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Nemiroff, Greta Hofmann

  • Persoon
  • 1937-
Greta Hofmann Nemiroff is a writer, educator, and coordinator of Women’s Studies programs. She was born in 1937 in Montreal to parents who had emigrated from Vienna, Austria to Canada in 1930. She studied at McGill University and graduated in 1958. In 1970 to 1971, Greta Nemiroff and Christine Allen Garside taught a course entitled: “The Nature of Woman: Historic Attitudes and Recent Approaches” at Sir George Williams University (a predecessor to Concordia University) in the Philosophy Department. Nemiroff began teaching at the New School at Dawson College in 1973. She taught English and Humanities and intermittently directed and co-coordinated the New School. She held this post until 1991.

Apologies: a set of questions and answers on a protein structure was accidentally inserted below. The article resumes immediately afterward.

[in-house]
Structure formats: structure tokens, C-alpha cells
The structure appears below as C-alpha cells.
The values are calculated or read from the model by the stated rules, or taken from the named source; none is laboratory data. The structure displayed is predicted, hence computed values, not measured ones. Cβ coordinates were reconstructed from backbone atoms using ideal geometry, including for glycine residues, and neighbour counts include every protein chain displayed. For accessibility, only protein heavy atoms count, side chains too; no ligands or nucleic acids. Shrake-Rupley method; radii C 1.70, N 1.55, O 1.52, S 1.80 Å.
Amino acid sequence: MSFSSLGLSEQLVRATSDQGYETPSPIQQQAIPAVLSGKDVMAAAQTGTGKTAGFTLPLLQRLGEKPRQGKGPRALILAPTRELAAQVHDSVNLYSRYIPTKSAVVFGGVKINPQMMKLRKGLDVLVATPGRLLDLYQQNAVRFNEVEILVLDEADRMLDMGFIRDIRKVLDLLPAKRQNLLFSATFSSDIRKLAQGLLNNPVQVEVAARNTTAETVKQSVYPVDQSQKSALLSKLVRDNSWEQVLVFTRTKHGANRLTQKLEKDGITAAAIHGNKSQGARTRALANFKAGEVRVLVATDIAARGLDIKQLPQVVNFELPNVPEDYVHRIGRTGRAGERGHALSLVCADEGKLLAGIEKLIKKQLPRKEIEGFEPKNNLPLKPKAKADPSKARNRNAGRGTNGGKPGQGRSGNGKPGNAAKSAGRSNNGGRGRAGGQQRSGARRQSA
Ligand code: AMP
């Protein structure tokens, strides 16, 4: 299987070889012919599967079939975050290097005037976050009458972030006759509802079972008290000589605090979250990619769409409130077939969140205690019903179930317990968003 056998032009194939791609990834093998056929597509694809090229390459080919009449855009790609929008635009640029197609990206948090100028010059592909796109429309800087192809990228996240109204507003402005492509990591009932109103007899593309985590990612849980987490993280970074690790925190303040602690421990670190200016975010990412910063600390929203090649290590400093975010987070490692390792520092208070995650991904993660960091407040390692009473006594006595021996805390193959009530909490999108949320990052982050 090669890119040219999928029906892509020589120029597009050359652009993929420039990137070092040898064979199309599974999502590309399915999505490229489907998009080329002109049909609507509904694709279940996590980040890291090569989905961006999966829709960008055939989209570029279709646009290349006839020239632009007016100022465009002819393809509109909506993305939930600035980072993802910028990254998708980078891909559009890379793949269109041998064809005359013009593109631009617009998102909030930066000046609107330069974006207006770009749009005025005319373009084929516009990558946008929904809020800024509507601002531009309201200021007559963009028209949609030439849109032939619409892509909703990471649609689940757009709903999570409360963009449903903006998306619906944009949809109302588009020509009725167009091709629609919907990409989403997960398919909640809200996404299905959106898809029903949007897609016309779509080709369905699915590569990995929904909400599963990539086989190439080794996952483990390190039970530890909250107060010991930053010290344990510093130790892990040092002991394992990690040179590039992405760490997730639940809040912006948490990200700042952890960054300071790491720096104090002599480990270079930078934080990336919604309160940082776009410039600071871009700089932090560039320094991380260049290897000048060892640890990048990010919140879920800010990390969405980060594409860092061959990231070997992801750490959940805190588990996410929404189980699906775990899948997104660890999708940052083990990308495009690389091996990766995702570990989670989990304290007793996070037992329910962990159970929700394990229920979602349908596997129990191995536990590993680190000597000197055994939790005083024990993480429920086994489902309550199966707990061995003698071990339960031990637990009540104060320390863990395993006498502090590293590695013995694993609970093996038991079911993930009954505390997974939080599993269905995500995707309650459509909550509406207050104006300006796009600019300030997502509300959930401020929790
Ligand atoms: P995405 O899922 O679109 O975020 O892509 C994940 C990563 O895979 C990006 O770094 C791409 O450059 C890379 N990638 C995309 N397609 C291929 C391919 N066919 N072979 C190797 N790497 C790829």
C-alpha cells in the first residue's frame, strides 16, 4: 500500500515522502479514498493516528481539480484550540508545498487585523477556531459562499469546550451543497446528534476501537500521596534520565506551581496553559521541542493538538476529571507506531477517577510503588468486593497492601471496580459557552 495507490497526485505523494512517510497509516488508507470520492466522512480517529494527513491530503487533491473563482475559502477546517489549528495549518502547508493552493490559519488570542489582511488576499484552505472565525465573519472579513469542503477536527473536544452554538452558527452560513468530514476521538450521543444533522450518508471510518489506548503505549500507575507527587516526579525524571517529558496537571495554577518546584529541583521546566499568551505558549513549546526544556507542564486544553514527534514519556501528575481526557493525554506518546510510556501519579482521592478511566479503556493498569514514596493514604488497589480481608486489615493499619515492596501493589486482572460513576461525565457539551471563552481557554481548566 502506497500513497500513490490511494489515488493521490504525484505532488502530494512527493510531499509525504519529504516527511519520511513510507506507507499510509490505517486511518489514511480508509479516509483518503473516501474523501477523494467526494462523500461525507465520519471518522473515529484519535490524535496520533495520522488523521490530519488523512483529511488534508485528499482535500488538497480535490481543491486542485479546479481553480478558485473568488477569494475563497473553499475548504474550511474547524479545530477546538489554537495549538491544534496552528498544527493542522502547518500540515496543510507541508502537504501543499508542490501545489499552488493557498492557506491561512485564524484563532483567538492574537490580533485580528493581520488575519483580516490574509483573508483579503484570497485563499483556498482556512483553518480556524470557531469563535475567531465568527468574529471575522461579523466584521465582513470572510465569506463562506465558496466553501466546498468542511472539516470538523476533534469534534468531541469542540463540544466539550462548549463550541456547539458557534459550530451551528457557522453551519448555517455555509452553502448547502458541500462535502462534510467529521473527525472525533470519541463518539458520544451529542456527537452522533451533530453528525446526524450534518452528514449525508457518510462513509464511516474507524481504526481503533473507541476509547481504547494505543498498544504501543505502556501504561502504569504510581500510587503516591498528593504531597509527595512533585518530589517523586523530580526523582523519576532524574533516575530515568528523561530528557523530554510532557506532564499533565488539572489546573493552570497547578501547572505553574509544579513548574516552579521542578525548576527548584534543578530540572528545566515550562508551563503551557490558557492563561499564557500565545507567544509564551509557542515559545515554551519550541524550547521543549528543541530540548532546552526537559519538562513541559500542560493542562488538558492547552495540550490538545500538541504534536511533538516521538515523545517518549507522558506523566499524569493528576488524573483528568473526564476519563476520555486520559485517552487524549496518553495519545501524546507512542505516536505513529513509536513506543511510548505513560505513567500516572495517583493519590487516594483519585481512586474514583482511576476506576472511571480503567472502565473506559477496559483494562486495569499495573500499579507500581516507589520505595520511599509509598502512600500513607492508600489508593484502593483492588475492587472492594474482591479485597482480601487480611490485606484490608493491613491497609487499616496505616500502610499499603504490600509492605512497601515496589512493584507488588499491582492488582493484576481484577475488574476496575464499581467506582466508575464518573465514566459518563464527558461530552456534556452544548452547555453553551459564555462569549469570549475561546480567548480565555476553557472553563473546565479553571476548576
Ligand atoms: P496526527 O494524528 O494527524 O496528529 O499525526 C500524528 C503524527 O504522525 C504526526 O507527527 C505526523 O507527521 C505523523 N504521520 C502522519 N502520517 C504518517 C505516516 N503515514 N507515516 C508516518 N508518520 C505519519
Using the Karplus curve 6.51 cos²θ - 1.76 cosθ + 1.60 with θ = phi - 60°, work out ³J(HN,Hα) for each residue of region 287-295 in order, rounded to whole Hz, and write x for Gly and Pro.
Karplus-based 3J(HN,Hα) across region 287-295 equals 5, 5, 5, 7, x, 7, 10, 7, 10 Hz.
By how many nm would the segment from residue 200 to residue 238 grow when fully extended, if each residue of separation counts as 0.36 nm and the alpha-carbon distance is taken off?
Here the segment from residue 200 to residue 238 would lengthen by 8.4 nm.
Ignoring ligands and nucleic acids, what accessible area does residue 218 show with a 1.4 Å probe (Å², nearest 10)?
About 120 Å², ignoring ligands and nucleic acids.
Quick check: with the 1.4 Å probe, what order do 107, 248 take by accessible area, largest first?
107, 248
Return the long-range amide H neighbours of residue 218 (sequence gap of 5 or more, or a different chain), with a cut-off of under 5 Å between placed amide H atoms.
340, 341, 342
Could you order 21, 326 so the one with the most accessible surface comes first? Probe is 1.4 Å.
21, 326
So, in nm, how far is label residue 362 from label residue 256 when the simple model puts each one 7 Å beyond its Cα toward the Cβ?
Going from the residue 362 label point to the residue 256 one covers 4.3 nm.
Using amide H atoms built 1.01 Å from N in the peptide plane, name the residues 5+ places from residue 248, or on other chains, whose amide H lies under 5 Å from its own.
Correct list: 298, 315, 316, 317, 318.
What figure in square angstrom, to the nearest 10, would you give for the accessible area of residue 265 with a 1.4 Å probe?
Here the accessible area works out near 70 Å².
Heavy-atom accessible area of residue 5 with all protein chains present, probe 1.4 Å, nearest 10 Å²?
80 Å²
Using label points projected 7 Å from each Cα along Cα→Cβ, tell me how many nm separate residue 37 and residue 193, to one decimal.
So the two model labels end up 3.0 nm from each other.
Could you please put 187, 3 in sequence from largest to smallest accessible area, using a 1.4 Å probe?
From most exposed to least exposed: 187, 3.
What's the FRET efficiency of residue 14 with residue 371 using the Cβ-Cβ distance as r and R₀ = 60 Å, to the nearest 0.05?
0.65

Nemiroff was president of the Sisterhood is Global Institute (SIGI), an international non-governmental organization, when it moved to Montreal. In 1979, with the help of students and the Simone de Beauvoir Institute community members, she edited the first Simone de Beauvoir Institute Bulletin.
At the end of the 1980s, Greta Nemiroff was a project manager at the Canadian Congress for Learning Opportunities for Women (CCLOW). She was president-elect at the Canadian Women Studies Association (CWSA) for the year 1991-1992. Between 1991 and 1996, she chaired the joint Women’s Studies program at Ottawa University and Carleton University.

Bazilli, Susan

  • Persoon